As far as I know Scarlatti was a composer from the Baroque period, so his style might be that of Bach, such as polyphony, non-legato eight notes, different voices pertaining to certain instruments or voices, etc. However I cannot be sure since I haven't yet played him. My advice again is to get a good edition and perhaps a recording. Hope this helps. :)

Offline rc

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Re: Scarlatti. Good grief.
«Reply #2 on: January 24, 2006, 06:16:45 PM »
I'm currently working on the Scarlatti Sonatas, and the edition I own doesn't give its own fingerings. (It's something like the Kirk Patrick edition, or something, but I don't have it with me, or I'd give you the numbers of the sonatas I'm working on as well. I'm sitting in the computer lab during my Physics class, 'cuz I'm not taking the final!  ;D)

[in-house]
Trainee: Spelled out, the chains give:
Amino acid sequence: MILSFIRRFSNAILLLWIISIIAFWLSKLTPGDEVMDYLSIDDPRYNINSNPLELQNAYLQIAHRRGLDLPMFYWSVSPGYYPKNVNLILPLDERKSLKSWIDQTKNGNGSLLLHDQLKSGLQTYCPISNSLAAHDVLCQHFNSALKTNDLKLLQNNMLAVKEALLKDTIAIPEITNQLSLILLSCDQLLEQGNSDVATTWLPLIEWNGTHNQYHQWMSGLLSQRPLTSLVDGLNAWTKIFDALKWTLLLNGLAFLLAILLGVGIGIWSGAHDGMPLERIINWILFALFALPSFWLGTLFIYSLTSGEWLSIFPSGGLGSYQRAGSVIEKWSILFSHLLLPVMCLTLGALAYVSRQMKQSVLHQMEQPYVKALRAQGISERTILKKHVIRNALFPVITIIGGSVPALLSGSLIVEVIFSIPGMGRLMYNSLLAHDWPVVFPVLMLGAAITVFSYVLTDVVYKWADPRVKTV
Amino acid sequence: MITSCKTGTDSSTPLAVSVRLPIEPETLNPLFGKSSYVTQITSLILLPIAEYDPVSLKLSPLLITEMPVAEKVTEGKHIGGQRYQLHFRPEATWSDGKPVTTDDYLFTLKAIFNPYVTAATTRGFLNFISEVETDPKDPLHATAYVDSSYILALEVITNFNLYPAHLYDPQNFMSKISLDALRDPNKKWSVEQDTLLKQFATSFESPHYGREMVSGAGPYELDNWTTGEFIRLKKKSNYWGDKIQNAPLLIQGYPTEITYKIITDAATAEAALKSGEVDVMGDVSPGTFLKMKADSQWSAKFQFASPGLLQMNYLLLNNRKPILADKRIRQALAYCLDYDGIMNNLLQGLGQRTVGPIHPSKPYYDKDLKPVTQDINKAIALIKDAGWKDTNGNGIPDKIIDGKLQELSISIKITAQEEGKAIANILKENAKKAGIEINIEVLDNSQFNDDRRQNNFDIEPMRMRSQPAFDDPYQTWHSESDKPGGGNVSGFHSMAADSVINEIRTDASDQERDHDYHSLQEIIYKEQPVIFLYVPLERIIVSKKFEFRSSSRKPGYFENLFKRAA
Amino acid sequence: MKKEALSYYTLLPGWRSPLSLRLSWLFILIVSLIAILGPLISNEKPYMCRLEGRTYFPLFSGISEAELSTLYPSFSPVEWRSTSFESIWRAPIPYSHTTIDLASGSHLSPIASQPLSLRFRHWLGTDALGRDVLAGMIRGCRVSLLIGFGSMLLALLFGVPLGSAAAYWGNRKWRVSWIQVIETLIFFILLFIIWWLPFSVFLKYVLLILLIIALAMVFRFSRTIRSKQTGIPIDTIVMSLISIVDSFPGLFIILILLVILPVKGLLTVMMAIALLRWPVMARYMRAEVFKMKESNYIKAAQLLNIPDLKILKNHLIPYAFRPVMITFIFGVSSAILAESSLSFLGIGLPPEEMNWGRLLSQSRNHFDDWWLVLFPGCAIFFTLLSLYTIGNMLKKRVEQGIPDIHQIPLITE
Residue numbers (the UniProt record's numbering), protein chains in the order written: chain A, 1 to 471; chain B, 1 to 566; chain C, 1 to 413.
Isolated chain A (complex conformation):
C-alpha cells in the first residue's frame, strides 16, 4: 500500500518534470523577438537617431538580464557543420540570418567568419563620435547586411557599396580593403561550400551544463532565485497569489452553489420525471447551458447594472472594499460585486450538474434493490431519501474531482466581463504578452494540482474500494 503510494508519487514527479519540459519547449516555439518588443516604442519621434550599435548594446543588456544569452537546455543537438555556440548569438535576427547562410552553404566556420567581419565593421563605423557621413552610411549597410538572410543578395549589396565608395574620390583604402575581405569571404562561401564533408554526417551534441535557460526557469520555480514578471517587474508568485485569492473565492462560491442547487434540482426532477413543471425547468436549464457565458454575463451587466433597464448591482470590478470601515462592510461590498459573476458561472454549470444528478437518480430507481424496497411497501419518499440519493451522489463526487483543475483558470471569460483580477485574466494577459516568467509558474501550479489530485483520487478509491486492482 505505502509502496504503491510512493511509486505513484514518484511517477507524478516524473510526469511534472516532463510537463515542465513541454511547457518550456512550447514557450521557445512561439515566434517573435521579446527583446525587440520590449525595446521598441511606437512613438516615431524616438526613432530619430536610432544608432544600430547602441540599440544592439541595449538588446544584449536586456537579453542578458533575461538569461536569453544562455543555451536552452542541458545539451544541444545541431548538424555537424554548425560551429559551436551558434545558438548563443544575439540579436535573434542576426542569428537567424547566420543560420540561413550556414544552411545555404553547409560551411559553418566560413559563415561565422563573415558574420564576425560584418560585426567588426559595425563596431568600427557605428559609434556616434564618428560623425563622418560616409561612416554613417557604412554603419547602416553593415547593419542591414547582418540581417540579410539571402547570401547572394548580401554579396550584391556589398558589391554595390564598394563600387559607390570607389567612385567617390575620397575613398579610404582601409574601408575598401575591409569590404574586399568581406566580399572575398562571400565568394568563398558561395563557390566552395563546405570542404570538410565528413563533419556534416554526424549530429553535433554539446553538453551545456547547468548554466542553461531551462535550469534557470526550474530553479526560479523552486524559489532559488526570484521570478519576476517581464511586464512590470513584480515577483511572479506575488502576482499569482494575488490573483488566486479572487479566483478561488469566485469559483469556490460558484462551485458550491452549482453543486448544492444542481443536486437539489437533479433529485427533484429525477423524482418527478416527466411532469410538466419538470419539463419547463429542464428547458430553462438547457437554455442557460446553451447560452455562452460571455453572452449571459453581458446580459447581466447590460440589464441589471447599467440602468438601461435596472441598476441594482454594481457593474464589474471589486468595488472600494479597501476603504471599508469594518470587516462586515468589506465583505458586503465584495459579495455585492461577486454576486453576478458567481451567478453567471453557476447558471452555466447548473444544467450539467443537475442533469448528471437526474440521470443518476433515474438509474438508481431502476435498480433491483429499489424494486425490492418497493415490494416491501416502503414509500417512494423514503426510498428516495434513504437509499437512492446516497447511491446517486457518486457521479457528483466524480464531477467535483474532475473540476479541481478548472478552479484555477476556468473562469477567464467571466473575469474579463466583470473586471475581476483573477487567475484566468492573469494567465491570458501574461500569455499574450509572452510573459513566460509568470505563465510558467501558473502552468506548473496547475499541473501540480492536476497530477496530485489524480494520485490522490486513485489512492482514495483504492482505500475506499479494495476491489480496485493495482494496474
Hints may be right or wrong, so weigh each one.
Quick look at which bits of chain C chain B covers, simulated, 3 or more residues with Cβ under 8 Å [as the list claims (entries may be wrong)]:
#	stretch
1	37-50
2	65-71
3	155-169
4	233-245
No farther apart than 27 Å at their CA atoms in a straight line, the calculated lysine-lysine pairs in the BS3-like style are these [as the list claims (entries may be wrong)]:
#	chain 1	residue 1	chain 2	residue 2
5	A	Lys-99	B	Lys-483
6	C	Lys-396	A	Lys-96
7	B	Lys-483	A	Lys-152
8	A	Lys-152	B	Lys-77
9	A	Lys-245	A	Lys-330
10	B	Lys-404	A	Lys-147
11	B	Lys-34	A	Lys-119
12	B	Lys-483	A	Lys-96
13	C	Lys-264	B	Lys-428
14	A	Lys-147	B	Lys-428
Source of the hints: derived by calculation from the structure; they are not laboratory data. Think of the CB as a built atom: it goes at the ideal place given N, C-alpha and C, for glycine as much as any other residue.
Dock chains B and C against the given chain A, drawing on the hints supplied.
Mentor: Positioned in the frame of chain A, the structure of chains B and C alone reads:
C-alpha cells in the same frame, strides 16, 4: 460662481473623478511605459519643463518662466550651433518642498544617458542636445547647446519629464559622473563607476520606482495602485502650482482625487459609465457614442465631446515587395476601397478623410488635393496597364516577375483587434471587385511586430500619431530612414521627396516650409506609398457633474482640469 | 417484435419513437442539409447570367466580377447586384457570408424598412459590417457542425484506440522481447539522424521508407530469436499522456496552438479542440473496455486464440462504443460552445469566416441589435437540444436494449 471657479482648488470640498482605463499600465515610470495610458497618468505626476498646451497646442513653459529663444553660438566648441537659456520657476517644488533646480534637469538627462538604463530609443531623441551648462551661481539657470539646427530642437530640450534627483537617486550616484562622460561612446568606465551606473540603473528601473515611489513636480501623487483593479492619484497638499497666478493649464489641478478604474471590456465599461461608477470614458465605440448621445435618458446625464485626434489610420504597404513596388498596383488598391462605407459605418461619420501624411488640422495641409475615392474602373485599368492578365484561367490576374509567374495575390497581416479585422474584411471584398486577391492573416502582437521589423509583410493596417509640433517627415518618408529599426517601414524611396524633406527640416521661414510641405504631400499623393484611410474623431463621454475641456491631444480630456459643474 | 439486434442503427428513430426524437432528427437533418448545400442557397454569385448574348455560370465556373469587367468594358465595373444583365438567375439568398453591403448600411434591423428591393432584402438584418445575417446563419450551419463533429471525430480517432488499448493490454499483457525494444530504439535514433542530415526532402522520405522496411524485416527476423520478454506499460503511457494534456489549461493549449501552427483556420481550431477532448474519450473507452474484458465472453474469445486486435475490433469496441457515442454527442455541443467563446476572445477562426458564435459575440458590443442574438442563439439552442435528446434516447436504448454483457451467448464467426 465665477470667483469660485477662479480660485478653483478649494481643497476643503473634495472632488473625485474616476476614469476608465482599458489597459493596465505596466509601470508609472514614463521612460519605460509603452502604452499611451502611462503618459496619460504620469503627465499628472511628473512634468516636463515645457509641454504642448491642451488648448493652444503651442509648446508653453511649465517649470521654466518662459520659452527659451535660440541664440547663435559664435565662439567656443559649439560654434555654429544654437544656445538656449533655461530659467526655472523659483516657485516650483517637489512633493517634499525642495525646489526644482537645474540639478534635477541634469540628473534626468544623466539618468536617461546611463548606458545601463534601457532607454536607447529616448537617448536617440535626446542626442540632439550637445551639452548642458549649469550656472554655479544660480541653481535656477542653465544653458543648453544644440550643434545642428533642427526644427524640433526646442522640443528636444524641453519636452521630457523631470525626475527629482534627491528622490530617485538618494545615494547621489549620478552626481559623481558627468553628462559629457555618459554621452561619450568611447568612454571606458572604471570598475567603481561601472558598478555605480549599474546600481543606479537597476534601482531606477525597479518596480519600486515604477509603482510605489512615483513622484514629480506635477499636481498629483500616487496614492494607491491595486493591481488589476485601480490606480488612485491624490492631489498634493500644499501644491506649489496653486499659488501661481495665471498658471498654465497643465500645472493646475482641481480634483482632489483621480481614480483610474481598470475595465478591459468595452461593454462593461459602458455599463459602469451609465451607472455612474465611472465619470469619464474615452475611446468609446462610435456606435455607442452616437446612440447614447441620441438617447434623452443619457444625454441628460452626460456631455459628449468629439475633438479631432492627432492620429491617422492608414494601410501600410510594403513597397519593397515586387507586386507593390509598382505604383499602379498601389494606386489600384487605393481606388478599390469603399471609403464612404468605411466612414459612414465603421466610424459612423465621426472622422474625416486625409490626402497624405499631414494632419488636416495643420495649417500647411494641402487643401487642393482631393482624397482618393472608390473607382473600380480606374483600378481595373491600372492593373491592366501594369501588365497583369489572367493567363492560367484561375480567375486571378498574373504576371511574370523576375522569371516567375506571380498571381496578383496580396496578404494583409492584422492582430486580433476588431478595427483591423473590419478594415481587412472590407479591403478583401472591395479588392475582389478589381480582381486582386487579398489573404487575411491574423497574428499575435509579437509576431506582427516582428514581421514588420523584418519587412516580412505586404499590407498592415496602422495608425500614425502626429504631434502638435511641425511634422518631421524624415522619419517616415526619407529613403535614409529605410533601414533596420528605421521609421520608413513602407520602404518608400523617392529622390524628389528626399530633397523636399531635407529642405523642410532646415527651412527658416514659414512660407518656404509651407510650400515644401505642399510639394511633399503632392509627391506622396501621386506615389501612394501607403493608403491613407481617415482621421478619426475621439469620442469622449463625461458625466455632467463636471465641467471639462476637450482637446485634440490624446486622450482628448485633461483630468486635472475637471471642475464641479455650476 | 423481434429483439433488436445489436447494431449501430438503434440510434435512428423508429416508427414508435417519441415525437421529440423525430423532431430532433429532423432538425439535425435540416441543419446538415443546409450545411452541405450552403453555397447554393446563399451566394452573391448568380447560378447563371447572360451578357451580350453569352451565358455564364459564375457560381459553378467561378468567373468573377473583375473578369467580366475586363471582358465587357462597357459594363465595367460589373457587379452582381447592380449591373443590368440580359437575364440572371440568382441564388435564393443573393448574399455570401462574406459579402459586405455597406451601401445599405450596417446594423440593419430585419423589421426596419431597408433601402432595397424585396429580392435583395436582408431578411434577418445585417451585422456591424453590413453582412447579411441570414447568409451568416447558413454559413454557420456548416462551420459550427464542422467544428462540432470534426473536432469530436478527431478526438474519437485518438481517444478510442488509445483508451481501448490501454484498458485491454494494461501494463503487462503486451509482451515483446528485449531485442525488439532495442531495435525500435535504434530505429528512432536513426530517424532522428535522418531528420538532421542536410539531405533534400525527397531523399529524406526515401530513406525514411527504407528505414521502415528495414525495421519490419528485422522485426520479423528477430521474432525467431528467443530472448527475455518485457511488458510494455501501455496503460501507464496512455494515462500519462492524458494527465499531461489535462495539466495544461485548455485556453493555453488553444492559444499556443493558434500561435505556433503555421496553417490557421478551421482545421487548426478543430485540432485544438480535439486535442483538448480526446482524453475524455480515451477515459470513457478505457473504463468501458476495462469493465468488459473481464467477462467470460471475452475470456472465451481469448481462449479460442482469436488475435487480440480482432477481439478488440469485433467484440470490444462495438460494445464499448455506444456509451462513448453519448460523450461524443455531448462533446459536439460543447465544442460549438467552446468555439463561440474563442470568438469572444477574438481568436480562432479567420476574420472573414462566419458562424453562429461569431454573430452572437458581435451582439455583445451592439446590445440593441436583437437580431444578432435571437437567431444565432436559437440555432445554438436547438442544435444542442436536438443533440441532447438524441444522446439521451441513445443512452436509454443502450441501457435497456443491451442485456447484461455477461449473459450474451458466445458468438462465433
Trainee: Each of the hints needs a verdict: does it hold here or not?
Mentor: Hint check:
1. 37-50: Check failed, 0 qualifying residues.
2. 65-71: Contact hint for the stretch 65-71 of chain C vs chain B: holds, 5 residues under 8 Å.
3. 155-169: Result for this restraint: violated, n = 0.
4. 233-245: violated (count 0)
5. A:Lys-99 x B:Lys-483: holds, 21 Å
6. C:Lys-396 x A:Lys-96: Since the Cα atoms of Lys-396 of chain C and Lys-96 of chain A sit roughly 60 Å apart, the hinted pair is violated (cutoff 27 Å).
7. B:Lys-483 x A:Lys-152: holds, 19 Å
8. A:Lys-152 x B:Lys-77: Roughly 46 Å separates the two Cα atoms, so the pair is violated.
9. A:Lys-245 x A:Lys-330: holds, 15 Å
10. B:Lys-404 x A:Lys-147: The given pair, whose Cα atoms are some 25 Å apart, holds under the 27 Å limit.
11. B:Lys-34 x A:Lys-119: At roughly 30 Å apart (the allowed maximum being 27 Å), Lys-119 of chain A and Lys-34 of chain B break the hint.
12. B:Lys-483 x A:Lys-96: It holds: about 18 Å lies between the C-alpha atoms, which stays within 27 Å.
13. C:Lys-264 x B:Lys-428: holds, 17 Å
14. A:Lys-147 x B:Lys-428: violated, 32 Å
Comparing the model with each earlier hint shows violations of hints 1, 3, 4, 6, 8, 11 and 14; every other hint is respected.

My question: Is Scarlatti traditionally meant to be smooth and connected, or is it appropriate to play the sixteenth notes stacatto? I need to know so that I can come up with appropriate fingerings. Thanks much!

That could be Ralph Kirkpatrick, I'm reading a book of his right now 'Interpreting Bach WTC', thin book full of thick ideas. The guy was quite the scholar, if it's his edition I imagine there would be some lengthy preface or something...

Anyways, I don't believe Scarlatti would have left very many interpretive details in his manuscripts, it wasn't common practice of the time, most markings would probably be editorial (sometimes editors have very good ideas!). Anyways, the matter of how to appropriately play any kind of music from these eras is a bit of a speculative matter. There are no recordings, nobody is around to show us how it was done back then, we can't say whether Scarlatti would approve one way or the other. Some would say Scarlatti shouldn't be played on the piano at all :P.